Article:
p82; cf Bahá'í Bulletin 111, October 1963.
. Yerrinbool School Committee to
National Spiritual Assembly, 7 February 1947. Correspondence.
. Letter from 20 signatories to
Yerrinbool Summer School Committee 6 September 1947; D. Dive, M.
Bolton and H. Reynolds to Yerrinbool Summer School Committee, 22
September 1947. Correspondence. 0240/0060.
. D. Dive, H. Reynolds and M.
Bolton to Yerrinbool Summer School Committee 13 January 1948.
Correspondence. 0240/0060; Yerrinbool School Committee to Mrs
Vickers, 29 September 1947. Correspondence. 0239/0060; Collis
Featherstone to National Spiritual Assembly, 25 January 1949.
Correspondence 1948-49. 0249/0061.
. National Spiritual Assembly to
Yerrinbool Summer School Committee 3 March 1949. Correspondence.
0240/0060; Bahá'í Bulletin 38, August 1957, p12;
. Annie Miller to Yerrinbool School
Committee, 19 April 1937. Correspondence 1937-39. 0302/0110.
. Letters to Australia and New
Zealand, 25 March 1946, p60.
. Harold Morton's Book Review on
Radio 2GB Friday 5 September 1947. Correspondence. 0240/0060.
. Of the event, the National
Assembly reported in July 1943: "An extraordinary amount of
unexpected free publicity has been afforded by newspaper
correspondence resulting from a report of the opening of the Hyde
Dunn Memorial Hall during the Yerrinbool Summer School sessions
in January. The "Mittagong Star" gave a lengthy report
of the proceedings on the front page of the paper. A Roman
Catholic priest sent a long letter denouncing the Faith and
contending that a news-paper serving a Christian community should
not make itself an instrument to propagate "this outcrop of
Islamic Faith in a nineteenth century Mahdi", this
"anti-Christian Islamic aberration". But the newspaper
ignored the priest's reprimand and published further letters of
considerable length over a period of six weeks..." Bahá'í Quarterly
28, July 1943, p3.
. Madge Featherstone, personal
. Yerrinbool School Committee to
Auckland Summer School, 13 January 1949. Correspondence 1948-49.
. Report of Bahá'í Summer School
31/12/49-12/1/50. Correspondence. 0240/0060.
. Effie Baker to Yerrinbool School
Committee 5 December 1938.
Correspondence 1937-39. 0302/0110.
In fact, Effie Baker was an accomplished letter writer, and had
written an account of her travels through Persia, 1930-31, taking
the photos required by Shoghi Effendi for inclusion in Dawnbreakers.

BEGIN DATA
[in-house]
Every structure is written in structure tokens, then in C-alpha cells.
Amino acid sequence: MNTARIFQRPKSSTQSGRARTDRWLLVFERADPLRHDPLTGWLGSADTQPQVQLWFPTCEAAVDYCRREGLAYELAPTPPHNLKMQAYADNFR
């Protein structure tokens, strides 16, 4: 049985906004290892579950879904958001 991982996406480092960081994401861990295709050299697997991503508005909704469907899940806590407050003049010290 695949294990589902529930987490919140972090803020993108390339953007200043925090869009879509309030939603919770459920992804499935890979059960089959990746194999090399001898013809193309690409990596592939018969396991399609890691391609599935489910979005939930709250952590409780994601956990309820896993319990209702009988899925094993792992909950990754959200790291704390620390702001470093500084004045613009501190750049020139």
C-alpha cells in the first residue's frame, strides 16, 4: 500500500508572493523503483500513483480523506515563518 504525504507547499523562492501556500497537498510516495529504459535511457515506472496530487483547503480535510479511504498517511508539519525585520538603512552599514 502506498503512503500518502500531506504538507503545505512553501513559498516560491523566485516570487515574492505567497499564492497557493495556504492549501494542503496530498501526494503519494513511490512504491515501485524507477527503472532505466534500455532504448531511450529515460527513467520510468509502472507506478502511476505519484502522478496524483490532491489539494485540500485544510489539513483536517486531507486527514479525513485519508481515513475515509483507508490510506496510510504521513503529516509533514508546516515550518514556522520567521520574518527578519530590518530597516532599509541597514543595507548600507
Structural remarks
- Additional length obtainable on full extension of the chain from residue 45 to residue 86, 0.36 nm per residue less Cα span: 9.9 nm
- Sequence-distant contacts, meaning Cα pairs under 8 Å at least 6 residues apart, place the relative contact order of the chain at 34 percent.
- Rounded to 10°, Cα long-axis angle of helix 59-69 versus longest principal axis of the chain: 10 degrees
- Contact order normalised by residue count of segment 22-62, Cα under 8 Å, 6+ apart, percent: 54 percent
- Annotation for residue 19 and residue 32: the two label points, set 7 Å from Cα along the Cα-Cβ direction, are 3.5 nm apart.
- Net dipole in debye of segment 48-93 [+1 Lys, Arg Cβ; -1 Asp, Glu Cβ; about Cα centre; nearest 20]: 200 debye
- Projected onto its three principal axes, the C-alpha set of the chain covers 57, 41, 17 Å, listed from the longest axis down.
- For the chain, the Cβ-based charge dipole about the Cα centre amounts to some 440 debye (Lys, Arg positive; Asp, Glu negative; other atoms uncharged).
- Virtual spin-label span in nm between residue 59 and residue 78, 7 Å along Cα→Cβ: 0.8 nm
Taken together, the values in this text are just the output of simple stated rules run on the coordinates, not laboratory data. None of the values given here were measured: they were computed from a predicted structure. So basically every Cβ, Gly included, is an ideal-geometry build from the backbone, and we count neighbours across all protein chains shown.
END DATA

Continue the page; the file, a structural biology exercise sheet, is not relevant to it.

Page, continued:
. Marie Dunning to Yerrinbool
School Committee, 18 October 1948. Correspondence 1948-49.
0249/0061. Miss Dunning contributed to the school properties in
other ways, such as anonymously paying for the cost of connecting
electricity to the annex, 1947. Marie Dunning to Yerrinbool
School Committee (Dulcie Dive) 20 February 1947. Minutes 1946-48.
. Report of the Yerrinbool Bahá'í
School Committee for the Bahá'í Year 105 (1948-49).
. Yerrinbool School Committee to
National Spiritual Assembly 25 February 1948. Correspondence.
. Report of the Fifth Annual
Yerrinbool Bahá'í Winter School (April 1945). Correspondence.
. Mittagong Star, 9 January
. An incomplete listing of
caretakers: "Urgently needed at the school is a suitable
caretaker." - Bahá'í Bulletin 111, October 1963.
"Caretakers still to be finalized" Bahá'í Bulletin
134, October 1965, p2.
Barry and Wendy Hall March 1967 -
Sue and Chris Borleis 1970 -
Neville and Helene Foskey
Harry and Margaret Headland
Rae and Jim Rhodes
Ursula and Nigel Hall February 1980
- July 1981
David and Rosemary Merideth July
1981 - July 1984
Sima and Quadrat Motallebi April
1985 - December 1986
Sue and Edwin Humphries February
1987 - present
. Shoghi Effendi's last cable to a
Yerrinbool summer school, January 1957, read:
ASSURE ATTENDANTS LOVING FERVENT
PRAYERS URGE CONCENTRATION OBJECTIVES PLAN DEEPEST APPRECIATION
National Spiritual Assembly.
Annual Report, Bahá'í Year 113 (1956-57),
. Report of the 18th Bahá'í
Summer School, 31 December 1953 - 10 January 1954.
. Report of activities, Yerrinbool
Bahá'í School 27/12/57 - 6/1/58. Correspondence. 0241/0060.
. School Committee to National
Spiritual Assembly, 2 April 1959. Correspondence 0241/0060.
. School Committee to National
Spiritual Assembly 9 September 1959. Correspondence. 0241/0060.
. Bahá'í Bulletin 67,
February 1960, p12.
. John Stevenson, personal
. Bahá'í Bulletin 125,
January 1965, p8.
. Bahá'í Bulletin 154,
June 1967, p32.
. Bahá'í Bulletin 155,
July 1967, p32.
. "And of course, in perfect
harmony." John Stevenson, personal communication.
. For a brief account of their
lives, see Stanley W. Bolton, "In Memoriam", Bahá'í World,
vol. XIV (1963-1968), p323-5; Mariette G. Bolton, "In
Memoriam", Bahá'í World, vol. XV (1968-1973),
. From a letter written on behalf
of the Guardian to the National Spiritual Assembly of the United
States and Canada, 29 July, 1939. Lights of Guidance,